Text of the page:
Mold and Cancer Can Mold Cause Cancer
January 19, 2022

Indoor exposure to black mold, or any other mold, has not been linked to cancer. However, mold is linked to various other health issues.

Mold can grow anywhere where moisture is found. Mold spores fly through the air to enter homes and other structures, and as a result, we may breathe them in at times. This can aggravate allergies and asthma and induce upper respiratory symptoms when present in high quantities for a long time in our bodies.

Read on to learn more about black mold, different varieties of mold, and who are most vulnerable to them.

Types of Dangerous Mold and Their Relation to Cancer

There are several dangerous and toxic molds found in our surroundings. Two of them are regarded as extremely dangerous and related to cancer.

Black mold and cancer

Stachybotrys chartarum, often known as black mold, or Stachybotrys atra, has a reputation for being a toxic mold. Satratoxin, a form of mycotoxin produced by black mold, is a toxic chemical that can cause disease in some people, but black mold and lung cancer haven’t been linked to it yet.

Aspergillus and cancer

Molds in this category produce aflatoxins, which are toxic components that can make you feel very ill and lead to liver cancer if you ingest them too much. Rather than inhaling, this mold enters your body through digestion.

Mold can grow in a variety of places, including your home. Cladosporium, Penicillium, and Alternaria are other dangerous molds found.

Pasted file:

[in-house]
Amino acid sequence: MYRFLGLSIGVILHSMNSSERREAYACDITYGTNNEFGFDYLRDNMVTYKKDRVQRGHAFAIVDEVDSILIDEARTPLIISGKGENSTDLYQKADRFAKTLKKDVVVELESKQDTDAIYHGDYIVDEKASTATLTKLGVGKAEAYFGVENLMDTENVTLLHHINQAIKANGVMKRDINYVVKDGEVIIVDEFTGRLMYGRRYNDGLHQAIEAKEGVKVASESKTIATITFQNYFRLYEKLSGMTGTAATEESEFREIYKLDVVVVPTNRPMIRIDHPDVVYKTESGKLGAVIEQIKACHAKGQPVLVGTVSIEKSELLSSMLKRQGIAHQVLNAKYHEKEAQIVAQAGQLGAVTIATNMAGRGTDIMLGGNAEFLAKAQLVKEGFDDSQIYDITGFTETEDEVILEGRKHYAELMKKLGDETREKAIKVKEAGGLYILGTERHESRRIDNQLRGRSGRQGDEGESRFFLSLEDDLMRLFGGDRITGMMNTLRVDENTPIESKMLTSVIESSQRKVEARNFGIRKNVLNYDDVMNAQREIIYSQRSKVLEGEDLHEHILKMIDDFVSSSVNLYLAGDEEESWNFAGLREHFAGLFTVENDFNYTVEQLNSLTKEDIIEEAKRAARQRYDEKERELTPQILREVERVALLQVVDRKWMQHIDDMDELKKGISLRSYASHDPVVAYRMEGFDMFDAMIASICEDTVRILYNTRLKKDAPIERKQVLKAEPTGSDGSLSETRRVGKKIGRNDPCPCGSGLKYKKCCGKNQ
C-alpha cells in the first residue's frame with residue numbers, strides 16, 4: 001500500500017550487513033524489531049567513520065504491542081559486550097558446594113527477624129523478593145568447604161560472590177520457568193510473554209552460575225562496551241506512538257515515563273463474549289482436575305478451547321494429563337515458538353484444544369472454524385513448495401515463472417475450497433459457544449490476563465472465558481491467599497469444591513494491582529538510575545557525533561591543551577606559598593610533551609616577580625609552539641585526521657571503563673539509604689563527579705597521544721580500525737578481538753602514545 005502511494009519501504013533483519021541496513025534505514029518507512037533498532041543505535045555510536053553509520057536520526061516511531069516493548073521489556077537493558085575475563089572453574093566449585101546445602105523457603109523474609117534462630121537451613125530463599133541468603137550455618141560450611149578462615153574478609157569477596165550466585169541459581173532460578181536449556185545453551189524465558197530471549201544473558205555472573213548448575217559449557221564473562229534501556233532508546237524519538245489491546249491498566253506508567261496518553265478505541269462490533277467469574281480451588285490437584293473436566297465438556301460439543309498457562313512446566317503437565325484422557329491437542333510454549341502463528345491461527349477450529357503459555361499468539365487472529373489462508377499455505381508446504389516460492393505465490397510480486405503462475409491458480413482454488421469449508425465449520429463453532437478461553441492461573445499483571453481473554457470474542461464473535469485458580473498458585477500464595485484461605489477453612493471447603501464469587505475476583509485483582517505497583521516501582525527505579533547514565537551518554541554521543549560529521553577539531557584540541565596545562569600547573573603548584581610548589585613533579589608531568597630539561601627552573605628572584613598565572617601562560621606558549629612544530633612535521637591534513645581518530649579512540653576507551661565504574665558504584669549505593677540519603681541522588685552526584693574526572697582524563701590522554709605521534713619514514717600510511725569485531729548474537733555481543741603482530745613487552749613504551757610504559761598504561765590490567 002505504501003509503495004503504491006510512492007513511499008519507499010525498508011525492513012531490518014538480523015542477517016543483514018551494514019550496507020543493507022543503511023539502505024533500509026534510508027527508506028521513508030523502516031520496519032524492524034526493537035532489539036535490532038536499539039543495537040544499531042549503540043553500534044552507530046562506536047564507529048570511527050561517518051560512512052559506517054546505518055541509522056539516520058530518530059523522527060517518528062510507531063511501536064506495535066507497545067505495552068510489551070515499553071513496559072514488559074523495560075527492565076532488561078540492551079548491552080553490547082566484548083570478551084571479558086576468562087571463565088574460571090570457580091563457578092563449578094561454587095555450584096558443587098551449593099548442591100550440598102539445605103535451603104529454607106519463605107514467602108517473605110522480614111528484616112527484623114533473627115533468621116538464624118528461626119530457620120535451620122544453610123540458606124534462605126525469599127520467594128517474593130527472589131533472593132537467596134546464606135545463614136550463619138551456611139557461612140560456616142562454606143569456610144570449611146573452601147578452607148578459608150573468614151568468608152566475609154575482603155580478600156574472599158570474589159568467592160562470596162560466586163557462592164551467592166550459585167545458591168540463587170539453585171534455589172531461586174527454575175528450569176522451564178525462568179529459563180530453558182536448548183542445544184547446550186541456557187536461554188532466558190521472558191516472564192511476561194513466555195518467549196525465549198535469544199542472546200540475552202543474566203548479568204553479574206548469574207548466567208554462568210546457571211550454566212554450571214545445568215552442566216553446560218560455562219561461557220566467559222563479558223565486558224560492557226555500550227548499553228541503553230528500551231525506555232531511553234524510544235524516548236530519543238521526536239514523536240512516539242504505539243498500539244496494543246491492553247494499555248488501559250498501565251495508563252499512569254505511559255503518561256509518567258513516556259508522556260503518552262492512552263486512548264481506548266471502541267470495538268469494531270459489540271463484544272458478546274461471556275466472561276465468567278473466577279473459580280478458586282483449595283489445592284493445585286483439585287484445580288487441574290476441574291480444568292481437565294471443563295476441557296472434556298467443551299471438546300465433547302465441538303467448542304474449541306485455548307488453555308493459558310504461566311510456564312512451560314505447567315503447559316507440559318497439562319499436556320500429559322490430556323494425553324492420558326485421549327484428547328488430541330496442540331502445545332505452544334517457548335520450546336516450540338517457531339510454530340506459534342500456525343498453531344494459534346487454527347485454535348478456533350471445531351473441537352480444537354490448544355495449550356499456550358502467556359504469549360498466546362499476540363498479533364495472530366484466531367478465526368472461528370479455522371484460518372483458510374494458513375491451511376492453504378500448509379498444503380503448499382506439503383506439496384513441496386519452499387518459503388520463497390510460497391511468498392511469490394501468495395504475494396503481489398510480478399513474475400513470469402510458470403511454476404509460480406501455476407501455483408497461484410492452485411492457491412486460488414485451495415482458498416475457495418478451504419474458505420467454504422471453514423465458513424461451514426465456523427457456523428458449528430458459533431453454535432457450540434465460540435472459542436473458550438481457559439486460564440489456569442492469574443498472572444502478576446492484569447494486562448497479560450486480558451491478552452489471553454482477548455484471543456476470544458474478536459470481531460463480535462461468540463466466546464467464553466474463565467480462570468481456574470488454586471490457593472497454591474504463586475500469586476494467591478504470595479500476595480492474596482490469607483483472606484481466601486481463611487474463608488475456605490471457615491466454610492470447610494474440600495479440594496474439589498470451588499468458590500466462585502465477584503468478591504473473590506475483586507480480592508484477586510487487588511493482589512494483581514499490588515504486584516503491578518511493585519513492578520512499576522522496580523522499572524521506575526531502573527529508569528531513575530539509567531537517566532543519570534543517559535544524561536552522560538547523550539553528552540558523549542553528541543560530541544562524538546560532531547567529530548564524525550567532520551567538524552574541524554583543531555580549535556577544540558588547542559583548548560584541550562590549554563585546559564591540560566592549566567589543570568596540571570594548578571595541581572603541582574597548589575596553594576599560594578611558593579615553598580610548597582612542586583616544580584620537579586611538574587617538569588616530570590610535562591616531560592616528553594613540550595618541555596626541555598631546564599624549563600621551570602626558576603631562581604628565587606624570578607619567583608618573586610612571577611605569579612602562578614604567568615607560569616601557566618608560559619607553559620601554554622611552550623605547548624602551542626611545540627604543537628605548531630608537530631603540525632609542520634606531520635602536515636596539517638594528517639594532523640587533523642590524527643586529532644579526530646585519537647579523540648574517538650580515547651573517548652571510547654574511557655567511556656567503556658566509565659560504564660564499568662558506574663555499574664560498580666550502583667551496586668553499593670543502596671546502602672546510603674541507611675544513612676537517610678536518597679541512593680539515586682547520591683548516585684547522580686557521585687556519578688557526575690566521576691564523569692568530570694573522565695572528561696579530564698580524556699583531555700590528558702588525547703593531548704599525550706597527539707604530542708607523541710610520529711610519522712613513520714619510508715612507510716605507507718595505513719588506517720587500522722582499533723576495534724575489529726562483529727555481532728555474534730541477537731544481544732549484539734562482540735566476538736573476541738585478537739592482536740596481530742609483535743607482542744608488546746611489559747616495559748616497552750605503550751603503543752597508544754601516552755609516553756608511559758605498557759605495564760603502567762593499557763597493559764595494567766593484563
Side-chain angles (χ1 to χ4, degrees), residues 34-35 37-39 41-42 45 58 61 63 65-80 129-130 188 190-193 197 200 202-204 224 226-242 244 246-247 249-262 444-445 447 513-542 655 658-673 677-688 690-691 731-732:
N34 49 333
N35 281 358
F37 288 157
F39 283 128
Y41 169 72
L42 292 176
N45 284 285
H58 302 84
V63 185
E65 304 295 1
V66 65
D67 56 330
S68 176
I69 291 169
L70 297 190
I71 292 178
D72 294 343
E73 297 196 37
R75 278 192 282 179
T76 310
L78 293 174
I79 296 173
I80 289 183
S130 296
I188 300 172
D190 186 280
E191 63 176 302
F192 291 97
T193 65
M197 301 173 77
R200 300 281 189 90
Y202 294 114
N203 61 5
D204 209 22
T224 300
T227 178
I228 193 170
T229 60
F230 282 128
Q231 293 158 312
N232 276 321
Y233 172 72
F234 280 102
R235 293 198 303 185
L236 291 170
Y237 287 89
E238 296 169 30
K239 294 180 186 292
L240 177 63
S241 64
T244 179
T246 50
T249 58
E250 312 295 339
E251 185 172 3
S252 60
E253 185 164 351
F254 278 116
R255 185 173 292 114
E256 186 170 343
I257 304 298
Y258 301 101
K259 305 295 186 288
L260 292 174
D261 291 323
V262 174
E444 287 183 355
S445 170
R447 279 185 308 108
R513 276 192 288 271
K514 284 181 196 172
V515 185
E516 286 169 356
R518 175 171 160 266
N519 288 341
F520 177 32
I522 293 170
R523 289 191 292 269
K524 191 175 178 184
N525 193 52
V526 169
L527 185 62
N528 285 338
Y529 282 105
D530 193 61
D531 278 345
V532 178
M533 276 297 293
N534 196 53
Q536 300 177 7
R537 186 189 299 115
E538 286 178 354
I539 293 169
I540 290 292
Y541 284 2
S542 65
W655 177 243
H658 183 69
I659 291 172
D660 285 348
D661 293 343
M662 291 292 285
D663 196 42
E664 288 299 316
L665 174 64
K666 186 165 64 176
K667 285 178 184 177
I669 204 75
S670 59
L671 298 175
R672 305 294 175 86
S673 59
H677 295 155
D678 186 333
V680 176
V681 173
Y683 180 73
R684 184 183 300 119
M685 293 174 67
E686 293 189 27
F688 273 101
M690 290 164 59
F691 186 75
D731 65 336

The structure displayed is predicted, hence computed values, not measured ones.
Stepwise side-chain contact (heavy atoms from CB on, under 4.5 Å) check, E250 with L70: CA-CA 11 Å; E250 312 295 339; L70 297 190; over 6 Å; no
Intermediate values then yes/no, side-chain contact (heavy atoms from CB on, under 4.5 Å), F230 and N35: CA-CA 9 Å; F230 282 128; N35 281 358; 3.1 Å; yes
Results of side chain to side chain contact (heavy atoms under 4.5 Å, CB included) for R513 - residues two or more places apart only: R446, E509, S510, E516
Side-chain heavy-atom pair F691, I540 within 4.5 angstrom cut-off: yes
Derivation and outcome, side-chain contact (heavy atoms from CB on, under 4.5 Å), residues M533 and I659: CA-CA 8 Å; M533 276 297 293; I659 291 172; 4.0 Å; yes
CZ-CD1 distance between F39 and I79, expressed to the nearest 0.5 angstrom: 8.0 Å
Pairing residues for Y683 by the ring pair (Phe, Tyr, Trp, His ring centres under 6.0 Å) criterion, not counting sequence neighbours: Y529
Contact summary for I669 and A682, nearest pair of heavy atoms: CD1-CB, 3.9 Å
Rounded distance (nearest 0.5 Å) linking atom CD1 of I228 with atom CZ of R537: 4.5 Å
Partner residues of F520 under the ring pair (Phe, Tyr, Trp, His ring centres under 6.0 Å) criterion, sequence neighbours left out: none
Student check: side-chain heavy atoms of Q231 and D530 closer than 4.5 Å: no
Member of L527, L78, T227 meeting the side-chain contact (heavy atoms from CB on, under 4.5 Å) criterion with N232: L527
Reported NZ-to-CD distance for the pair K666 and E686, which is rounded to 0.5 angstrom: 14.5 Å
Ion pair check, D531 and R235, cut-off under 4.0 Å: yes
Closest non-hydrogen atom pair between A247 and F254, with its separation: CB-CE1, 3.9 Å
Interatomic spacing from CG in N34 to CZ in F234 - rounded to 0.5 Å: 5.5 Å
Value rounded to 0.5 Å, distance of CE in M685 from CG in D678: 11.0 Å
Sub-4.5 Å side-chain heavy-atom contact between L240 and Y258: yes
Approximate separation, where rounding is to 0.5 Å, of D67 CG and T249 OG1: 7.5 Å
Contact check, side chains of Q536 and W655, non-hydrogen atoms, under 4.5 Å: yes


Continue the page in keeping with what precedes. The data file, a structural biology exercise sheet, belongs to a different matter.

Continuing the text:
Also read: MYCOTOXINS TOXICITY: WHAT YOU NEED TO KNOW

Mold Toxicity Symptoms

The adverse effects of short-term mold exposure are different for every person. If you’re allergic or sensitive to mold, you’re more likely to experience severe symptoms.

Symptoms in general include:

  • sinus and nasal congestion
  • nasal irritation
  • itchy, watery eyes
  • red eyes
  • blurry vision
  • trouble breathing
  • coughing
  • sore throat
  • sneezing
  • nosebleeds
  • asthma attacks (if you have asthma)

What Are the Risks of Mold Exposure?

Some people are completely unaffected, while others are more sensitive. If you have a mold allergy, you may experience severe symptoms such as lung inflammation.

According to the CDC, the Institute of Medicine found sufficient evidence associating indoor mold and wet indoor settings in general, with:

  • Symptoms of the upper respiratory tract in healthy adults
  • Symptoms in people suffering from asthma
  • Hypersensitivity Pneumonitis in vulnerable people

Furthermore, lung cavities can be infected with Aspergillus niger if you have emphysema, TB, or severe sarcoidosis. Invasive aspergillosis is a more serious reaction in which the infection spreads from the lungs to the brain, heart, and kidneys. This is more likely to happen in persons with a weaker immune system.

What Type of Cancer Does Mold Cause?

Aflatoxin is a toxin produced by some varieties of this mold that can make you sick and even cause liver cancer. That usually comes from eating it rather than breathing it in.

Who’s at Risk?

People with the following conditions are at the biggest risk:

  • allergies
  • asthma
  • a chronic lung disease